:: Ubiquity of Cognitions ::

Shape    Soul    Ubiquity    Swift    Liminal    Out There    Vitality    Beyond    Evo Beauty

:: 2016 :: 25cm x 35cm :: Acrylics, Inks, Markers and UV Lacquer on Canvas ::

Like Soul of the Devil..., this is also a complex artwork. To explain certain aspects of human cognition in the context of concepts of the supernatural, Pascal Boyer reproduces the distinctive shape in the centre of the artwork and notes that few people would have any problem describing it as 'a circle with a piece missing'. However, the notion of a missing piece violates the ontology and continuity of a circle, and the 'missing piece' itself is labelled despite being non-existent: it is missing. Boyer proposes that this violation of ontology, and the imputation of conceptual 'thing-ness' onto absence, are two key fundaments to human supernatural conception. Just as the circle's ontology is violated by the missing piece, so do most supernatural concepts consist of basically human images whose boundary conditions have been transcended or broken. So for example, a ghost is basically a human without a body (all humans have bodies, ghosts do not), a deity is a human who does not die (all humans die, gods do not) and who has expanded cognitive powers (all humans have a limited view of the world, gods's views are unlimited), and so on.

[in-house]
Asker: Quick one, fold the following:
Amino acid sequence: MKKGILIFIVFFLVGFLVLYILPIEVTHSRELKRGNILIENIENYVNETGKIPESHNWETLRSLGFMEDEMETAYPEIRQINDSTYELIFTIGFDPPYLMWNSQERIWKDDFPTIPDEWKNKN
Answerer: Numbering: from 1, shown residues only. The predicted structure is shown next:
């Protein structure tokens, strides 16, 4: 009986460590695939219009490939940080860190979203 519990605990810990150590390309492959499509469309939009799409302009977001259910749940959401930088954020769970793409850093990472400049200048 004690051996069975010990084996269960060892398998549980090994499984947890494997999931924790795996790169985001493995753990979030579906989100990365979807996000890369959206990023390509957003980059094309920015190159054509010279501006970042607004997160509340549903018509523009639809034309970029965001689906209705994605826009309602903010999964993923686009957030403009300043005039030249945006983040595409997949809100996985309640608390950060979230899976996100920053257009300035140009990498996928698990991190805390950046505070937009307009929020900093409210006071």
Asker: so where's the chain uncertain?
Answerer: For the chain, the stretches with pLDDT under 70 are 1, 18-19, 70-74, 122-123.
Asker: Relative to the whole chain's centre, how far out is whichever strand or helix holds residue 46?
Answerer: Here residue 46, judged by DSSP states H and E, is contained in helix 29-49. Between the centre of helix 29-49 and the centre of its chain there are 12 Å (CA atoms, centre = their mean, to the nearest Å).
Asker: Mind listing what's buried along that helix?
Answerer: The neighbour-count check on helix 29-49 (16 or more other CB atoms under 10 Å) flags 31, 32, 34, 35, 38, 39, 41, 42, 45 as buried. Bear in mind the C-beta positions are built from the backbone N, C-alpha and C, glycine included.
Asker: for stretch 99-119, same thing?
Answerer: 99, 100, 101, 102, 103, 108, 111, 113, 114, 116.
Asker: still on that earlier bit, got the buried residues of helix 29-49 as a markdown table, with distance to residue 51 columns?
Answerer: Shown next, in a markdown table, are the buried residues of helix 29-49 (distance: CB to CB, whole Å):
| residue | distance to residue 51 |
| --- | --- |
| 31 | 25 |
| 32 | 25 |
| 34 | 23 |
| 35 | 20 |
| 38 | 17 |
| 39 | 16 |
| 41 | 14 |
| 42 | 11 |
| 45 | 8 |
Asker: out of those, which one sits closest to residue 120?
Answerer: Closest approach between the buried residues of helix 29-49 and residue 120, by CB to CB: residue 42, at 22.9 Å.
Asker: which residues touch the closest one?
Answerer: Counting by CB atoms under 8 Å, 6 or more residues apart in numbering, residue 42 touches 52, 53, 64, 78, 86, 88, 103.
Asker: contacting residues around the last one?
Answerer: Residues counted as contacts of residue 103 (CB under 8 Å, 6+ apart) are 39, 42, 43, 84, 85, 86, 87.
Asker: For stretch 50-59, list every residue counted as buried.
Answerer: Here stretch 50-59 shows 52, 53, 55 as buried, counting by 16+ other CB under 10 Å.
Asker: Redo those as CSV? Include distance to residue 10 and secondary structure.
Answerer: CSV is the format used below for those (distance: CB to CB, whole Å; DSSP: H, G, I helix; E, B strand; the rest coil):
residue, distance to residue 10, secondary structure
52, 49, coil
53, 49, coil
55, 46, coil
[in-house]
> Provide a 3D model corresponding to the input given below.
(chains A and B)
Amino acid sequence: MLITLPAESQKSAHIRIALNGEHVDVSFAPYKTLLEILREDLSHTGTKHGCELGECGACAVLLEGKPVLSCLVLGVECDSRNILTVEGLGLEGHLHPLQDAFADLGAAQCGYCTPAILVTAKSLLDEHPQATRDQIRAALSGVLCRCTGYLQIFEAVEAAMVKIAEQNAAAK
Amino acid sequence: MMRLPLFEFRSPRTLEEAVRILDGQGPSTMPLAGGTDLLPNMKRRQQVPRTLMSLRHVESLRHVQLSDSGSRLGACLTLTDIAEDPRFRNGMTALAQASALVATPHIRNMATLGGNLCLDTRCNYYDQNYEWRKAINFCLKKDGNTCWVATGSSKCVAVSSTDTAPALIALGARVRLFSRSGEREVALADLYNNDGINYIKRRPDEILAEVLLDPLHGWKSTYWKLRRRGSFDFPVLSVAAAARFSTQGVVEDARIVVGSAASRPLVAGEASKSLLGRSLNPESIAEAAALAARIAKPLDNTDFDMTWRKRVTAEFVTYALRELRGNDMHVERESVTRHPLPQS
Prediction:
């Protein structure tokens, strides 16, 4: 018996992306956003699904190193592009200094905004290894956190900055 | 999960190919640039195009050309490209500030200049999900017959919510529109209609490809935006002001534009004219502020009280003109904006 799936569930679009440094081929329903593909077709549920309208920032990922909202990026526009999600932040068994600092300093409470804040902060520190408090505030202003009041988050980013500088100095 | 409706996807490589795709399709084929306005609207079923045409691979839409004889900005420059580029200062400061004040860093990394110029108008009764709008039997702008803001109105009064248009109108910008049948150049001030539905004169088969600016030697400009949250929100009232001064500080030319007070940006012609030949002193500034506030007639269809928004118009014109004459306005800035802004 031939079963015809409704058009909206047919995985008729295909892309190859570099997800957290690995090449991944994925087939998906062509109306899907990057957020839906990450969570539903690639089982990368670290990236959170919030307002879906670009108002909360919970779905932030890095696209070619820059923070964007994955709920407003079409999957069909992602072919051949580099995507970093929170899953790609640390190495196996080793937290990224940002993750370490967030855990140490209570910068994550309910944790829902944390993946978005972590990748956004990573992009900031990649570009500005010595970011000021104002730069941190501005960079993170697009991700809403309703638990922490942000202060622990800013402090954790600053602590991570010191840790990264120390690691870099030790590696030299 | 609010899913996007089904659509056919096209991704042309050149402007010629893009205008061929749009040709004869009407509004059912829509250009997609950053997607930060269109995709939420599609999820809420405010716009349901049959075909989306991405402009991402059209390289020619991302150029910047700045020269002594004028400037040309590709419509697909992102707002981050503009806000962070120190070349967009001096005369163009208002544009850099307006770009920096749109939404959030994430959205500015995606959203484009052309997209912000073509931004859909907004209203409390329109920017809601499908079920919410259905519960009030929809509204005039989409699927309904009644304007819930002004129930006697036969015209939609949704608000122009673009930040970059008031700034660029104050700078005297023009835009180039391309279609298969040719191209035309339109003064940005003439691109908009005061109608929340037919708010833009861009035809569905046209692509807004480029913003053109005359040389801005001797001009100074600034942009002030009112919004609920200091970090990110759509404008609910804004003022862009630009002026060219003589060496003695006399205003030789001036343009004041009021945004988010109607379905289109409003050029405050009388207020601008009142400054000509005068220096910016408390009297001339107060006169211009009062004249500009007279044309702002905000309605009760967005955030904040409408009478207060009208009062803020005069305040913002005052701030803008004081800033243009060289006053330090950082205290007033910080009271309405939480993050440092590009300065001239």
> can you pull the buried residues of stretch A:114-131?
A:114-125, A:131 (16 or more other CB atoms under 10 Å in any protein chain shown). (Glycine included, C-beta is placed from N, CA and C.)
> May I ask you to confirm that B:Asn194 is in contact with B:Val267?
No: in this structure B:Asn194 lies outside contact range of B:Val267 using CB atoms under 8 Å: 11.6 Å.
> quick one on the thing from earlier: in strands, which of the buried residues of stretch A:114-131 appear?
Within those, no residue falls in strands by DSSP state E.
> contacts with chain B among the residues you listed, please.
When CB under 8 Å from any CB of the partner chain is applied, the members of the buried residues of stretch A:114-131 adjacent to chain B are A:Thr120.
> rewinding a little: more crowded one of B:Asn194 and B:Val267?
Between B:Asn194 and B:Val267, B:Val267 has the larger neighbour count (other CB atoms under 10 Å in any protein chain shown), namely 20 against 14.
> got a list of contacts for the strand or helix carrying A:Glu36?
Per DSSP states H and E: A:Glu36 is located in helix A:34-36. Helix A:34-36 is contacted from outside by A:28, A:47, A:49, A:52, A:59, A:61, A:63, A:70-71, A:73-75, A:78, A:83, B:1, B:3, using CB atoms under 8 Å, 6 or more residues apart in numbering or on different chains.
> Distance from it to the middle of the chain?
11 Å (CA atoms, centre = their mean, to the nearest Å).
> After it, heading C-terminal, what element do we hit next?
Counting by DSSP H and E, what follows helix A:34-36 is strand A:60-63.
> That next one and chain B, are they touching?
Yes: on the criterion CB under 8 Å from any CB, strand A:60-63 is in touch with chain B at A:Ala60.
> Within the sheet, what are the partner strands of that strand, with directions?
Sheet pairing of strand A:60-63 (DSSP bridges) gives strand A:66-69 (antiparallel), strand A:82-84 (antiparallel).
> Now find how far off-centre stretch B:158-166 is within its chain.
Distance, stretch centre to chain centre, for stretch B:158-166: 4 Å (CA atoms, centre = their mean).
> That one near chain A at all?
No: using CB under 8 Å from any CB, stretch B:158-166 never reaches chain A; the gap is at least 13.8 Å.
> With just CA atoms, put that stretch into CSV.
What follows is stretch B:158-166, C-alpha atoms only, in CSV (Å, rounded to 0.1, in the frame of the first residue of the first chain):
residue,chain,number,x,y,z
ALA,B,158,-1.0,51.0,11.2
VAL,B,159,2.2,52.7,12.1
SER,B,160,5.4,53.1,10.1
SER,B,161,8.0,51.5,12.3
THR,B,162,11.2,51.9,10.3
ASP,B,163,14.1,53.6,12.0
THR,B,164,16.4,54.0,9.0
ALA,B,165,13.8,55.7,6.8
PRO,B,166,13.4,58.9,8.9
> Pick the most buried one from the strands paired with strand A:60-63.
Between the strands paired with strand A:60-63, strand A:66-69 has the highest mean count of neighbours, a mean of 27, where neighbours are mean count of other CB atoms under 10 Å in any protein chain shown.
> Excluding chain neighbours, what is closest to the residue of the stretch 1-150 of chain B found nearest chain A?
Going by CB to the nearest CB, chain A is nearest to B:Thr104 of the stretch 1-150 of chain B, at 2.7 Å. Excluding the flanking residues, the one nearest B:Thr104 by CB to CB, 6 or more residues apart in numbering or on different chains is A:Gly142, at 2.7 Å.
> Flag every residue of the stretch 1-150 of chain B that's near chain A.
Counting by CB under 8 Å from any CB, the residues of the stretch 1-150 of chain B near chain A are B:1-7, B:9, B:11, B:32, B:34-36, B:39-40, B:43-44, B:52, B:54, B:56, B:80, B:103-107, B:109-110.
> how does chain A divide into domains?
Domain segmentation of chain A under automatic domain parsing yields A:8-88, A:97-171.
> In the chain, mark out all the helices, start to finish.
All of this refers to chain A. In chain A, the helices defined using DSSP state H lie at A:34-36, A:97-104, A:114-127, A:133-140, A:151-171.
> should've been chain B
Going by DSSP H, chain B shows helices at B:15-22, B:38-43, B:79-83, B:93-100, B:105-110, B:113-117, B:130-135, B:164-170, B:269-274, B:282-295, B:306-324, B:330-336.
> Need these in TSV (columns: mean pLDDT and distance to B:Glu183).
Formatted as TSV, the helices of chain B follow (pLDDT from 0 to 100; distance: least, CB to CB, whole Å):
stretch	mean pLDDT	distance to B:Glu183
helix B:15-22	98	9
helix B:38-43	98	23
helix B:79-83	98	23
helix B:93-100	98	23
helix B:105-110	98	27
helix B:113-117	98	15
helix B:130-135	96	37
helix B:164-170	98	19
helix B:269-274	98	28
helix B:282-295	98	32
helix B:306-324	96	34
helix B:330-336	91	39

In my Liminal Contact essay, I argued that a similar situation of ontological violation apples to a painted surface, which although discrete, finite and local in its expanse and location, is disrupted or transcended by the presence of an image which renders that surface non-finite and non-local. A painted canvas, for example, is both 'here' and 'not-here' in that it contains representations of objects larger than the size of the actual canvas size, and so on. Many peoples across the world also hold paint to have magical properties or supernatural potency, and thus painting communicates with thsi deep human cognitve style.

I have combined 'Boyer's circle' as a symbol for the operations of human supernatural conception with René Magritte's famous work 'The Treachery of Images', which sought at heart to demonstrate that a representational image is not the thing itself. Boyer's circle points to unconscious processes, but many of our experiences of the supernatural are, while completely subjective and not founded upon any objectively existing phenomenon, consciously beheld, his theorized ontological violations being wholly closed to our awareness. Thus Boyer's circle both represents and does not represent the human subjective experience of and belief in deities. This conceptual ambiguity is evoked by my editing of Magritte's original annotation: Ceci (n') est (pas) un dieu, 'This is (not) a god'.

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Shape Of A Mind

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Magritte Treachery of Images

René Magritte's 'The Treachery of Images' (1929)

 

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